Second, in the mind of those shouting “eulogeo”, and “Hosanna”, and “Blessed is he come comes in the name of the Lord”, they envision a mighty and powerful king.  We know that kings are generally associated with the high, mighty, rich, and powerful.  Instead, Jesus rides on a lowly animal of peace to symbolize his identification with the poor, left out, locked out and lowly in our world.

Third, , he is celebrated by the same people on Psalm Sunday who turned against him on Good Friday and demanded that he be crucified. But Jesus, knowing how fickle the people are, focuses only on pleasing his Father God, and not impressing people who all too quickly turn their backs on him.  He is focused “flint-like” on setting free humanity trapped in the bondage of sin and establishing an earthly kingdom of righteousness and justice.

Today, during Lenten Season, we approach Resurrection Sunday, the federal budget in Washington, DC as the seat of power, is being balanced on the backs of the poor, the vulnerable, the sick, and the locked out.   Jesus has need of those who are single mindedly focused on pointing people to Christ, our Savior and eternal hope.   Jesus has need of those who are able resist the temptation to bask in adoration of the crowds shouting words of praise, and focus their attention on advocating for the needs of “least of these our brothers and sisters”.  Jesus has need of those who will speak out for those communities of color who continue to be disproportionately impacted by higher rates of poverty, job cuts, and foreclosure rates.  Jesus has need of those, who, in these times of three wars -Iraq, Afghanistan, and Libya – will speak out for peace, in the spirit of the Prince of Peace.

But, most of all, Jesus has need of those whose total lives are so surrendered to him—spirit, soul, body, titles, position, position, access to power,—-that like the surrendered Christ — he can work his power in them to break up the fallow ground of injustice, bigotry, and inequality wherever it is found.

Even while ministers of the Gospel and the people of God alike are struggling with their own financial instability, rising gas prices—and job losses affecting every church, Jesus has need of those who’ll look pass their own struggles and challenges to those who are much worse off out of their love for God.

Prayer:

Almighty God, we love you.  We adore you. And we thank you for ministers of the Gospel and saints of God who are connected across the nation and world during this Lenten season to the same eternal hope in our risen Christ.  We praise you for parting the heavens, coming down to earth, and showing us what God is like and what we as Christ’s followers are supposed to be like.  We exalt you for the blood of Jesus that presents us faultless before your throne of grace, that we might live solely for you.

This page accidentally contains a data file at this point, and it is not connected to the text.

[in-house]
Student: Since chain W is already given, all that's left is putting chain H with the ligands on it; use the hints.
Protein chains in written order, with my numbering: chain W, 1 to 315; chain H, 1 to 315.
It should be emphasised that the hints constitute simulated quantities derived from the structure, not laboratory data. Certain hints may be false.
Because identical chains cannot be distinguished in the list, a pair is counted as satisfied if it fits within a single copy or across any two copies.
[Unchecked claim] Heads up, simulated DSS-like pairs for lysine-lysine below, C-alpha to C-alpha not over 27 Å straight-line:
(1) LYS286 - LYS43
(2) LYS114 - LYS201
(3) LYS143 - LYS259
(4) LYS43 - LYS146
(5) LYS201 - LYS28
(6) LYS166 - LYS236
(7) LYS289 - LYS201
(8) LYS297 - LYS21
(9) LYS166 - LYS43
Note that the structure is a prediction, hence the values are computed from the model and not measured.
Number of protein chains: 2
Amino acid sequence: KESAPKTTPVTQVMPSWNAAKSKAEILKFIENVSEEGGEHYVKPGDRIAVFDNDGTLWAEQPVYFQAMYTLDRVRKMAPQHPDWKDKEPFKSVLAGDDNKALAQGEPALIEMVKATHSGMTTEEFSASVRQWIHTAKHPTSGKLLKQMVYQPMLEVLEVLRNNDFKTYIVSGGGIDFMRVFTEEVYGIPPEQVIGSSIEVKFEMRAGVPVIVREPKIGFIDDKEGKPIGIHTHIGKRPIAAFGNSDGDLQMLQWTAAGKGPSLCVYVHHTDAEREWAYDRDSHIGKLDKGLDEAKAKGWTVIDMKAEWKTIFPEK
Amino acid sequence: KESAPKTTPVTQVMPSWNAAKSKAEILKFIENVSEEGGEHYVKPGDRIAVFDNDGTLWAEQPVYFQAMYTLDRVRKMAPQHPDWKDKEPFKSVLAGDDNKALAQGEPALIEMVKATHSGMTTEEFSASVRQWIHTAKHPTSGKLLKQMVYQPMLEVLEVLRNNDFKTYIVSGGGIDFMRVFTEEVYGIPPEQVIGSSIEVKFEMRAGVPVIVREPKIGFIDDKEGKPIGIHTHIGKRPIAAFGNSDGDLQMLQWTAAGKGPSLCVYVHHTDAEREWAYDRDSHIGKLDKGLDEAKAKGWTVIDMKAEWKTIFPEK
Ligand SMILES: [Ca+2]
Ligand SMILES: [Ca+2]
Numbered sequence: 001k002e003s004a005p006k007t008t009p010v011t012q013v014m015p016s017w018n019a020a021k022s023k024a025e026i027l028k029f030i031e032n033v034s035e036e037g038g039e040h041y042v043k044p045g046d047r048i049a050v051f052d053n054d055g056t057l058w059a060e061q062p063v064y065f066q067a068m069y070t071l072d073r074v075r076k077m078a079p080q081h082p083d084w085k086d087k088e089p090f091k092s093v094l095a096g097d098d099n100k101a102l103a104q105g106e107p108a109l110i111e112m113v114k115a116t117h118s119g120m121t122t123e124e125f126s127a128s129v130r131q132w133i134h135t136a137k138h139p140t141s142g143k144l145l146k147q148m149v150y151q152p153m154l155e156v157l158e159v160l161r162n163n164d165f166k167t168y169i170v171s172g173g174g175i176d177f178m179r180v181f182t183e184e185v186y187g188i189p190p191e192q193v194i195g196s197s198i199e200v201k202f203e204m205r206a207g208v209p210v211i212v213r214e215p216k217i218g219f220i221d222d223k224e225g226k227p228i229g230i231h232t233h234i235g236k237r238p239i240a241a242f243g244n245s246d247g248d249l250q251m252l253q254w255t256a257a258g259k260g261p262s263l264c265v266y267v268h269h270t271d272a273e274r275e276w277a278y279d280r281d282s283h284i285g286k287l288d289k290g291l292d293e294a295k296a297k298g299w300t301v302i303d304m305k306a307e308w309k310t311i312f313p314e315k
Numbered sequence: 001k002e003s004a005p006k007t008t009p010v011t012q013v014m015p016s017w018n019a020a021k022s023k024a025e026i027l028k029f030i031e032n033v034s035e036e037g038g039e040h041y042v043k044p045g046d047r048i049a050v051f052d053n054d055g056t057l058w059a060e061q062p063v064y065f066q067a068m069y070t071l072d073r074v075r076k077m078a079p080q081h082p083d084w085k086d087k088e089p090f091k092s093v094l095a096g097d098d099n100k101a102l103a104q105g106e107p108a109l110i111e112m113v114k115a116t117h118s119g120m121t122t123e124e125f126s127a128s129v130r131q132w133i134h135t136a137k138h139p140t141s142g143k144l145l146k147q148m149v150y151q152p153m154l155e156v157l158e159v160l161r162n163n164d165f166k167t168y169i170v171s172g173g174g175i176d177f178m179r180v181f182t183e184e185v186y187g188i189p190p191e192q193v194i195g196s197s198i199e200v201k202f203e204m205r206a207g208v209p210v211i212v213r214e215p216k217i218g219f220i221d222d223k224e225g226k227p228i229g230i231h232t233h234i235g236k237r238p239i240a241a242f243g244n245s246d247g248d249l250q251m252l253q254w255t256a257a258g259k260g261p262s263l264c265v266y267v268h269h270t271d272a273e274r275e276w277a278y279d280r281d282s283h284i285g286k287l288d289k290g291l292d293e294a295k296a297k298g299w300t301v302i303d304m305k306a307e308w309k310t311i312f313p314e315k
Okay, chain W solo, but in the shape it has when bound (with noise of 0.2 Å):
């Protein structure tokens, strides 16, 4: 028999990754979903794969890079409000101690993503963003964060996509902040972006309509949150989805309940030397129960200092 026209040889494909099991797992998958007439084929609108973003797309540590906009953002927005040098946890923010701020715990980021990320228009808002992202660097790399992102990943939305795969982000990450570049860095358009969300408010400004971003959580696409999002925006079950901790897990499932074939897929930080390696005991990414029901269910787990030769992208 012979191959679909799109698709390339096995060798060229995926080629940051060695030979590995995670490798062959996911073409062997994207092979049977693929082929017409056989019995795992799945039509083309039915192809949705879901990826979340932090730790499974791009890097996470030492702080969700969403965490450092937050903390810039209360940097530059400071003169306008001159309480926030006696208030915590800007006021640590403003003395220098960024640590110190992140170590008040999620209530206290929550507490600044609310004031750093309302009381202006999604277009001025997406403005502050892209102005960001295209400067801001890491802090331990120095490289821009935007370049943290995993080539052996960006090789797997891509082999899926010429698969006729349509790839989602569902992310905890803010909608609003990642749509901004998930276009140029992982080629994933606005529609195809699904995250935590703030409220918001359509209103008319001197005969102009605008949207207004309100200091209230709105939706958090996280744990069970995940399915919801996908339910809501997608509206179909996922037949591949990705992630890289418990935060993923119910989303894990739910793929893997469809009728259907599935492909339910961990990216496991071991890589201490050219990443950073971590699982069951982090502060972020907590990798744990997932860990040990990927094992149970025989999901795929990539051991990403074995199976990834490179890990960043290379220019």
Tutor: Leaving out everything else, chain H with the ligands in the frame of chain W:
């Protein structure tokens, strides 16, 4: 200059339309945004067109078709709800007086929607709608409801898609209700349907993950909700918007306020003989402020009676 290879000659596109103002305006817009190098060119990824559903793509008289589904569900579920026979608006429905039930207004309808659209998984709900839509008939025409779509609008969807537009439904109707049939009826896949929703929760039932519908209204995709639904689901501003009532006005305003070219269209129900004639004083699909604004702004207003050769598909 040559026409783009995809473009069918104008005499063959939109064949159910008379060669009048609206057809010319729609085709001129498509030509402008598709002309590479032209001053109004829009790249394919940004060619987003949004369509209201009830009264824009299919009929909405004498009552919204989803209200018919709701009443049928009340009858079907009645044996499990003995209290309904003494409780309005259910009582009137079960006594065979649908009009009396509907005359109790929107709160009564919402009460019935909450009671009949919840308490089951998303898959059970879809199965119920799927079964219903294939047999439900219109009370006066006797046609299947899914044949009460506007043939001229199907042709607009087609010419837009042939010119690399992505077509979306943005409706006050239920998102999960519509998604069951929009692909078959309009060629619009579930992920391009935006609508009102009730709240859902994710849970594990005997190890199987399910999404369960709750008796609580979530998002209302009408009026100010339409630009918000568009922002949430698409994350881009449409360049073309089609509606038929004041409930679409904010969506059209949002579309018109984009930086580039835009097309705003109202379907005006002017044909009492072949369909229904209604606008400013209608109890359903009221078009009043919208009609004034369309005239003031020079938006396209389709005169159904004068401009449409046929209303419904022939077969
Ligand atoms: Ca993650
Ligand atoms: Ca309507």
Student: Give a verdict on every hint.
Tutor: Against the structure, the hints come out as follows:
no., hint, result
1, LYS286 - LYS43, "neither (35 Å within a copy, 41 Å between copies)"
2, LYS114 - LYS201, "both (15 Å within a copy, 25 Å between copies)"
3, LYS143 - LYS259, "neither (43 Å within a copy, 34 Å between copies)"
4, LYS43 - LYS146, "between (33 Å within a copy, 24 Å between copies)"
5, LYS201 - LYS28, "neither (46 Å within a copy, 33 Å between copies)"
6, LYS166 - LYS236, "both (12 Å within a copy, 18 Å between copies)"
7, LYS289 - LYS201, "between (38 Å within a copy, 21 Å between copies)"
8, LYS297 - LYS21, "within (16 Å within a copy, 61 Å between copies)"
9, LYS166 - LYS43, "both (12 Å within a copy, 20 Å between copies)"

Forgive us God for overlooking the nearly 3000 verses of Scripture on God’s concerns for the poor, the widowed, orphaned, the fatherless, and the oppressed. Sharpen this season our sensibilities and our sensitivity to those who cannot afford to drive no matter what the price of gas is.  Heighten our awareness, O God, to the senselessness of war with no clear purpose, claiming the lives of young mothers and fathers, sisters and brothers of every persuasion and background.

Provoke us to speak out and stand in the gap for those children whose dreams are nightmares of abandonment and hopelessness.  Bless these your people of during this Lenten Season to move past the dark night of Calvary’s brutality on Friday to the bright light and eternal hope of Sunday morning’s resurrection.  Grant them courage for the living of these days of contradictions over where real power emanates.  Help them to know that you are still on the throne,  and that all power is in your hand.

Most of all, O God, remind them that the same power that got Jesus up out of the grave on Friday, and ascended him into heaven on Resurrection morning is still working in those whose only agenda is moving pass the adoring crowd shouting their “hosannas” and pointing the spiritually and physically destitute to our Lord and Savior Jesus Christ.  We ask these prayers in the mighty, matchless and magnificent name of Jesus the Christ. Amen

Dr. Barbara Williams Skinner